Postgraduate Course: Brexit and the European Union (PGSP11559)
|School||School of Social and Political Science
||College||College of Arts, Humanities and Social Sciences
|Credit level (Normal year taken)||SCQF Level 11 (Postgraduate)
||Availability||Not available to visiting students
|Summary||The British vote to leave the European Union has had profound effects on the course of politics in the EU. This module examines the consequences of the vote from a European perspective, looking at how Brussels and the EU27 have sought to manage the process to date, how they have been affected by it internally, and how it has impacted on their standing in the world.
The 2016 Brexit referendum in the United Kingdom has profoundly affected politics within the European Union (EU). Brexit has provided the context within which EU politics has evolved over the past few years and has instigated movement in a host of areas (as well as greater caution in other areas). This course aims to understand contemporary EU politics by examining the forces unleashed by the Brexit vote as well as the response to these from the member states and the community institutions. It touches upon a number of contemporary issues, including the rise of populism and secessionist movements, the many 'crises' of the EU, and the future of the EU in a multipolar world, viewing them (as many in Brussels do) in the context of the Brexit vote.
The course is primarily concerned with understanding how the Brexit vote has affected contemporary politics in the EU, but as part of this it also examines the history of Britain's EU membership and the ways in which the UK has interacted with the integration process. This is covered in the introductory sessions so that students are able to draw on historical examples throughout the course.
The course is divided into three sections. The first section examines how the EU has managed the Brexit process, including how it dealt with the British 'awkward partner' since UK accession, how it managed the immediate fallout of the referendum, and how it has conducted withdrawal negotiations with the UK.
The second section examines the impact Brexit has had on those actors and institutions at the heart of EU politics, focusing on the changing balance of power within and between the community institutions, the perspective from the member states (and their various groupings), and the impact on regional and party politics.
The final section considers the EU's role in the world, examining recent moves in EU security and defence policy and how the post-Brexit Union fits into the emerging multipolar order, and concludes with an examination of the future of the Union after Brexit.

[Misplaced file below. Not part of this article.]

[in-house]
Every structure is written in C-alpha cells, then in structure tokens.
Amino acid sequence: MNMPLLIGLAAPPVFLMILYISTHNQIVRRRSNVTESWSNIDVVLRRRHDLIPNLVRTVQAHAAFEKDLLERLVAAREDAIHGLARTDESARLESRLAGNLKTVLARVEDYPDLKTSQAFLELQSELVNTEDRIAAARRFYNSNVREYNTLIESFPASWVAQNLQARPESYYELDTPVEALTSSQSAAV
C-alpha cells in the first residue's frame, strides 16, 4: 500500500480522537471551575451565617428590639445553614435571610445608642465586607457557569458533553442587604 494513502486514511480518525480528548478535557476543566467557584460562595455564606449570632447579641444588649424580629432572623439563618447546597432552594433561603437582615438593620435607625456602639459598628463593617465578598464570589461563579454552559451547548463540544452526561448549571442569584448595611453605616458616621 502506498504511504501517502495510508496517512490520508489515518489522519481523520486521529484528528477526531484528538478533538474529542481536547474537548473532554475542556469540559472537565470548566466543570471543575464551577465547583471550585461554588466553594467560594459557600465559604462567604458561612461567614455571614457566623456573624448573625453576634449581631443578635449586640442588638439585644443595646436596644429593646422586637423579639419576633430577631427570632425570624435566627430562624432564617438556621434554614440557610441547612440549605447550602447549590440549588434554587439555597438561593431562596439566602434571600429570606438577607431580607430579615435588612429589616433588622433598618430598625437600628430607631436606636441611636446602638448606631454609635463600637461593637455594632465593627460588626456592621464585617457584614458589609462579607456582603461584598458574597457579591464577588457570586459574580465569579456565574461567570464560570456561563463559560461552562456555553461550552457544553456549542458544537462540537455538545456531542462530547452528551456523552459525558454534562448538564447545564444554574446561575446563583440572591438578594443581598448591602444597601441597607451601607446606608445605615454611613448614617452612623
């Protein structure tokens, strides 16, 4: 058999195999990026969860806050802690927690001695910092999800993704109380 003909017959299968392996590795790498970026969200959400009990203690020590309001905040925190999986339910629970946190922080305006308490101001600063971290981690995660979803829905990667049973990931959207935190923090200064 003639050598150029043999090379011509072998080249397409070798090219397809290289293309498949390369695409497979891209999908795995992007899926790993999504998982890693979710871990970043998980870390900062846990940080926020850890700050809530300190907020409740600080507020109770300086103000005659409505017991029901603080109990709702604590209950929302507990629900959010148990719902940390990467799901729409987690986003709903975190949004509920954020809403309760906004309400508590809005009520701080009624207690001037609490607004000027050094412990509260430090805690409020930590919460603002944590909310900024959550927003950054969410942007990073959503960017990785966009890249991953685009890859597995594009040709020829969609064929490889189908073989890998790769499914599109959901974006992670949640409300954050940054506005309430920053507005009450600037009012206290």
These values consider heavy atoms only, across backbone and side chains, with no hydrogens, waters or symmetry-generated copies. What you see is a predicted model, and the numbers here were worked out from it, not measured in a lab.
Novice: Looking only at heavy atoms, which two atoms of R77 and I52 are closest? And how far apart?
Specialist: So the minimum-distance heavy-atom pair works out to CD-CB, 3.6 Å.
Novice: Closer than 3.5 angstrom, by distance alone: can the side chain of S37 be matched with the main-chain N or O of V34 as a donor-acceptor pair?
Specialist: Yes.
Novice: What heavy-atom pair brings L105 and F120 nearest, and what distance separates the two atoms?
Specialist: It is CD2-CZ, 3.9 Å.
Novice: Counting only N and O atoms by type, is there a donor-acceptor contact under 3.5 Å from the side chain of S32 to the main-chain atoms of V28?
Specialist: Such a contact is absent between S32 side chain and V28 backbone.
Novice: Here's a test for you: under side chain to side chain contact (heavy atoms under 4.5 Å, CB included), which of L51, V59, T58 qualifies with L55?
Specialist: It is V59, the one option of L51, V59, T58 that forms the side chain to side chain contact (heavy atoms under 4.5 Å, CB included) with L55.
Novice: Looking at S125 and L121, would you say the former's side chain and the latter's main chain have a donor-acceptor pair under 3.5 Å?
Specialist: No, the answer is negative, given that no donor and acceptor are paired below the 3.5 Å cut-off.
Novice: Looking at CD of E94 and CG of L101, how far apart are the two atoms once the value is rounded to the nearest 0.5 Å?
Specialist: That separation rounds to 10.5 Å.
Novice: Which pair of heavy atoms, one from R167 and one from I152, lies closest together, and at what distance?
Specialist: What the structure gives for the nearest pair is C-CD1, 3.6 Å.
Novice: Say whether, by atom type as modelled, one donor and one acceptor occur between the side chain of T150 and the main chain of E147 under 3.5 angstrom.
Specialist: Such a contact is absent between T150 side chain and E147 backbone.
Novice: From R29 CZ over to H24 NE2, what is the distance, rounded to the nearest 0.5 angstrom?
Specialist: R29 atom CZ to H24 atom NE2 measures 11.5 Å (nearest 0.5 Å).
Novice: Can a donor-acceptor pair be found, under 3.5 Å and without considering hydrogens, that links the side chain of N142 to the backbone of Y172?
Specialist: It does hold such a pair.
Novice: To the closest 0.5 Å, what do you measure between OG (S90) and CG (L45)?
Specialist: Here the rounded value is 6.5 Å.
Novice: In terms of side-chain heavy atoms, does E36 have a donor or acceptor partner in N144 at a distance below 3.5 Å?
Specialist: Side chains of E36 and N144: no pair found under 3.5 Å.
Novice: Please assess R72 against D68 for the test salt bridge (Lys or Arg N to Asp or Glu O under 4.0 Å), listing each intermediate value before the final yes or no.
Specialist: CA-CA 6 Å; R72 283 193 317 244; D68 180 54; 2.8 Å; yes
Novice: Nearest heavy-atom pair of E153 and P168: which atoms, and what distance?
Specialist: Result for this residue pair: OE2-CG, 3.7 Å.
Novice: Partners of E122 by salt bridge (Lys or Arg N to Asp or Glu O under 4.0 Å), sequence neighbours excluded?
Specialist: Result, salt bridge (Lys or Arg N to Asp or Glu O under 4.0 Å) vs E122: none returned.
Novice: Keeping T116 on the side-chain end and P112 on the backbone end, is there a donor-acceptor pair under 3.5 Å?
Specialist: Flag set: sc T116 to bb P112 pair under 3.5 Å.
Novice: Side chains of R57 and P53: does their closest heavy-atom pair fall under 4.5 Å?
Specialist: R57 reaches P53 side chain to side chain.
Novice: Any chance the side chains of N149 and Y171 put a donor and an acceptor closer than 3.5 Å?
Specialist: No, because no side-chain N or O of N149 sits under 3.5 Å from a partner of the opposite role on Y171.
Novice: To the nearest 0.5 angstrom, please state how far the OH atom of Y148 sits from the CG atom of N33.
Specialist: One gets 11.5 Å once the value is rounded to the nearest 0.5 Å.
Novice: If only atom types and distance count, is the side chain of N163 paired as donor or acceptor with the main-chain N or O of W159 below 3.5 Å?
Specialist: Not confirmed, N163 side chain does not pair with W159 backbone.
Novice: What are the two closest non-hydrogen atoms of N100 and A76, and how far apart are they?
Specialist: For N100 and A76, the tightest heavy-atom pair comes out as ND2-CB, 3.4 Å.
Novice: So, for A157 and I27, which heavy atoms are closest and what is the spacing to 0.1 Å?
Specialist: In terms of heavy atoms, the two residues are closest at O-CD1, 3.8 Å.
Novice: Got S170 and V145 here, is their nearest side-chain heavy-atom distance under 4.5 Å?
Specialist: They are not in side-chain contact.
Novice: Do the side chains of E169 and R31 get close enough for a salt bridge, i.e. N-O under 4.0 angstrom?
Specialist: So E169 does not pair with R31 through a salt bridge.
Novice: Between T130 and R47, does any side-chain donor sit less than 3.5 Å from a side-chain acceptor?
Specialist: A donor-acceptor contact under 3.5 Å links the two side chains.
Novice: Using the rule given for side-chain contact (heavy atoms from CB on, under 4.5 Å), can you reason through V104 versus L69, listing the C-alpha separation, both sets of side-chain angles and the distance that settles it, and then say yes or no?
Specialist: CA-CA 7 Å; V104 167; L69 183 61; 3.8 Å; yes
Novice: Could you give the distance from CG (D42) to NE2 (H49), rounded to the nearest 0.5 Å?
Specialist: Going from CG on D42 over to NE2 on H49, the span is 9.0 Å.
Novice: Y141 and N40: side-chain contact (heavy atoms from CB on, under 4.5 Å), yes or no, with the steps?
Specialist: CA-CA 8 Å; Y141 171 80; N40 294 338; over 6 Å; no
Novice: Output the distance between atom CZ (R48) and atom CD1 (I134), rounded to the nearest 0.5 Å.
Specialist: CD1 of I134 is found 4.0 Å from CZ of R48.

Entry Requirements (not applicable to Visiting Students)
||Other requirements|| None
Course Delivery Information
|Academic year 2020/21, Not available to visiting students (SS1)
|Learning and Teaching activities (Further Info)
Lecture Hours 10,
Seminar/Tutorial Hours 10,
Programme Level Learning and Teaching Hours 4,
Directed Learning and Independent Learning Hours
|Assessment (Further Info)
|Additional Information (Assessment)
||A 2,000 word essay (50%)
A 2,000 word essay (50%)
||Provision of written feedback on essay one before students prepare essay two (policy briefing) as well as feedback on the briefing once completed.
|No Exam Information
On completion of this course, the student will be able to:
- Outline systematically the effects the Brexit vote has had across a range of EU institutions and policy areas.
- Critically analyse competing perspectives on Brexit from within the UK and the EU.
- Critically apply different theories and social science concepts to conceptualise the impact of the Brexit vote.
- Critically evaluate the key drivers of European politics after the Brexit vote and weigh these against one another in determining likely future scenarios for the EU.
- Write for both academic and policy audiences and understand the different requirements of each task.
|Christiansen, T. & Fromage, D. (2019) Brexit and Democracy: The Role of Parliaments in the UK and the European Union (Basingstoke: Palgrave Macmillan)|
Fabbrini, F. (2017) The Law & Politics of Brexit (Oxford: Oxford University Press)
Jacobs, F.B. (2018) The EU after Brexit: Institutional and Policy Implications (Basingstoke: Palgrave Macmillan)
Oliver, T. (ed.) (2018) Europe's Brexit: EU Perspectives on Britain's Vote to Leave (London: Agenda)
Martill, B. & Staiger, U. (eds.) (2018) Brexit and Beyond: Rethinking the Futures of Europe (London: UCL Press)
|Graduate Attributes and Skills
|Course organiser||Dr Benjamin Martill
Tel: (0131 6)51 1736
|Course secretary||Mrs Casey Behringer
Tel: (0131 6)50 2456